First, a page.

Palliation of Malignant Esophageal Obstruction and Fistulas with Metallic Stents: A Tertiary Center Experience

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DOI: 10.4236/ss.2016.74028    1,702 Downloads   2,098 Views   Citations

ABSTRACT

Background: To determine the usefulness of metallic stent in advanced oesophageal malignancies. Methods: In a retrospective study conducted at the Endoscopy Unit of King Abdulaziz University Hospital, patients underwent stent placement, with or without palliative radiotherapy for inoperable esophageal cancer, during the period spanning January 2010 through December 2014. Ethical approval for this study was granted by the King Abdulaziz University Research Ethics Committee. Data were collected from the electronic database of the hospital. All patients underwent OGD before stenting to know site of tumor, length of tumor and degree of stricture. Barium meal and CT scan was also done in some cases to know exact characteristics of tumor. Stent was selected more than 2 cm longer than the length of tumor. Self expanding metallic stents were used in all cases. Confirmation of proper placement of stent was done using fluoroscopy. Complications post stenting were analysed. Results: A total of 15 cases were studied. Males were 53.3% while females were 46.7%. Youngest patient was 39 yr old and eldest was 79 years with mean 64.93 years. Mean height was 159.73 cm and mean weight 54.98 kilogram. Co-morbidities like DM was 20%, DM with HTN was 6.7%, bronchial asthma 13.3% and DM with HTN with IHD and Renal implant in 6.7%. Diagnosis at admission was esophageal squamous cell carcinoma in 33.3%, esophageal adeno-carcinoma in 53.3%, gastric cancer in 6.7%, tracho-esophageal fistula in 6.7%. Stage 3 was 13.3%, and stage 4 was 86.7%. Surgical resection and palliation was done in14.2%, and only palliation was done in 92.9% of cases. SEMS were used in all patients and majority had Niti-S stent placed in 73.3% and Wallflex in 13.3% and Ultraflex in 6.7% and Boston in 6.7% cases. Dysphagia was Indication of stenting in 100% of cases and stricture in 57.1% and stricture and recurrent aspiration in 42.9%. Post stenting complications were early in 20% and late in 40%. Tumor ingrowth was in 20%, GERD in 20%, Mild chest pain and discomfort in 10%, stent migration in 10%, fistula formation in 10%, chest pain and GERD in 10%, and aspiration and pneumonia in 20%. Conclusions: Self expanding metallic stents are invaluable in advanced oesophageal cancer for palliation and alleviation of symptoms and better quality of life. Patients prior to chemoradiotherapy may get benefit of stenting making oesophageal passage patent which may otherwise get occluded by edema caused by radiotherapy.

Cite this paper

Tashkandi, H. , Zaidi, N. and Sibiani, A. (2016) Palliation of Malignant Esophageal Obstruction and Fistulas with Metallic Stents: A Tertiary Center Experience. Surgical Science, 7, 199-205. doi: 10.4236/ss.2016.74028.

Received 18 March 2016; accepted 24 April 2016; published 27 April 2016

1. Introduction

Most cases of malignant esophageal obstruction and fistula are caused by primary esophageal cancers [1] [2] . Although there have been recent developments in cancer therapy, many patients unfortunately present with esophageal neoplasms at an incurable stage. At this stage, only palliative treatment can be offered to relieve patients of dysphagia and cough―the most common symptoms in these patients [3] .

Surgery has been reported as the best curative treatment for patients with localized esophageal cancer, as it has a clear impact on patients’ survival. However, esophageal resections are associated with morbidity and mortality. Perioperative surgical complications are mostly caused by anastomotic leaks, a finding that has been reported in 5% - 18% after esophagectomy [4] - [6] . These complications are life-threatening medical emergencies, with a mortality rate of up to 30% [7] . In patients who present minor leaks without sepsis, conservative treatment can be offered but in cases with major disruptions, a risky reoperation required, which is associated with long hospital stay. Several techniques have been proposed in order to avoid surgical repairs in patients with esophageal leaks. These include endoscopic techniques such as clipping [8] or fibrin glue application [9] ; however, these treatment methods have not been proven effective. Endoscopic laser therapy, electric cautery and stent may be helpful in improvement of symptoms but metallic stents have shown to be more effective [10] .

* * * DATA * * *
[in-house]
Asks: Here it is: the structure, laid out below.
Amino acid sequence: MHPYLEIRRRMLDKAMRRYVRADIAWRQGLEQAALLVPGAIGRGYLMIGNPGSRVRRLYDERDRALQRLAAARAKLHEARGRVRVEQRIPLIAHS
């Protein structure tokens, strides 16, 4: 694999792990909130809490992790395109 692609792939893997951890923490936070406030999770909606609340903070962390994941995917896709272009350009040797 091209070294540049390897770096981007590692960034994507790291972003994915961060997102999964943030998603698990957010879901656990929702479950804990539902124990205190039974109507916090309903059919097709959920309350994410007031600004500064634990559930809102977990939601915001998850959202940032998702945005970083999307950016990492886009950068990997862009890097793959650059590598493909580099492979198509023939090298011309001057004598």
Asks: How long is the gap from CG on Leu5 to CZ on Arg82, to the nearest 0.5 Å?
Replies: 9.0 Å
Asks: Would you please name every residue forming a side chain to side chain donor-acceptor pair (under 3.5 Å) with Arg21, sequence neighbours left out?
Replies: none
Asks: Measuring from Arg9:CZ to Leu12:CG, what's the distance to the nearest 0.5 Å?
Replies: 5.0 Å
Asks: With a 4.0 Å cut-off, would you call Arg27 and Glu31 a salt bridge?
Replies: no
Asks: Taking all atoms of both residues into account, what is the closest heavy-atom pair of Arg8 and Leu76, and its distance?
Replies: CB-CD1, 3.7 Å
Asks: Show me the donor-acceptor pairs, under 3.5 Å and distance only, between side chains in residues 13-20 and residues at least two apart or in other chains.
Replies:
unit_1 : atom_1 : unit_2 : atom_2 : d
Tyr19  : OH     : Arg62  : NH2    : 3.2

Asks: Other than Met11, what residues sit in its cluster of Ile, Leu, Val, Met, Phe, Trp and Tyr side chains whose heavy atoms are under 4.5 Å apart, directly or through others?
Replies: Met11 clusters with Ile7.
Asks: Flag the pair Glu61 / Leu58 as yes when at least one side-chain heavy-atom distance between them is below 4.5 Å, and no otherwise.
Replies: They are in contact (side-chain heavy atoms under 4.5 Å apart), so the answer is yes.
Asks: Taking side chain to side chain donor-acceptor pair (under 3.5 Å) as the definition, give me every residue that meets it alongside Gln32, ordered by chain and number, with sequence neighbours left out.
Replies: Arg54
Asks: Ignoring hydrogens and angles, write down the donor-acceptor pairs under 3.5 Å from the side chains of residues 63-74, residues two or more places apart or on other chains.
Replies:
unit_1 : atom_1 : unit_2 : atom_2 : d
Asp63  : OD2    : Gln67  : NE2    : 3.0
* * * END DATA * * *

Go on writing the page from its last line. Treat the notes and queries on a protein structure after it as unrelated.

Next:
The use of stents in patients with esophageal leaks, strictures or perforation has been shown to produce good results in general. Initially, self-expandable plastic stents (SEPS) were utilized, but migration was a major complication associated with this technique [11] - [15] . The use of other types of stents, including partially covered self-expanding metal stent (PCMS) and fully covered self-expanding metal stents (FCMS) have produced good results; however, these techniques are also potentially associated with complications [16] - [19] .

This study is an attempt to describe our experience with stenting in patients with esophageal cancers at King Abdulaziz University Hospital.

2. Methods

In a retrospective study conducted at the Endoscopy Unit of King Abdulaziz University Hospital, patients who underwent stent placement, with or without palliative radiotherapy for inoperable esophageal cancer, during the period spanning January 2010 through December 2014. Ethical approval for this study was granted by the King Abdulaziz University Research Ethics Committee. Data were collected from the electronic database of the hospital. These included demographic and clinical data.

Procedure of placement of stent. All patient underwent OGD before stenting to know site of tumor, length of tumor and degree of stricture. Barium meal and CT scan was also done in some cases to know exact characteristics of tumor.Stent was selected more than 2 cm longer than the length of tumor. Self expanding metallic stents were used in all cases. Confirmation of proper placement of stent was done using fluoroscopy. Complications post stenting were studied.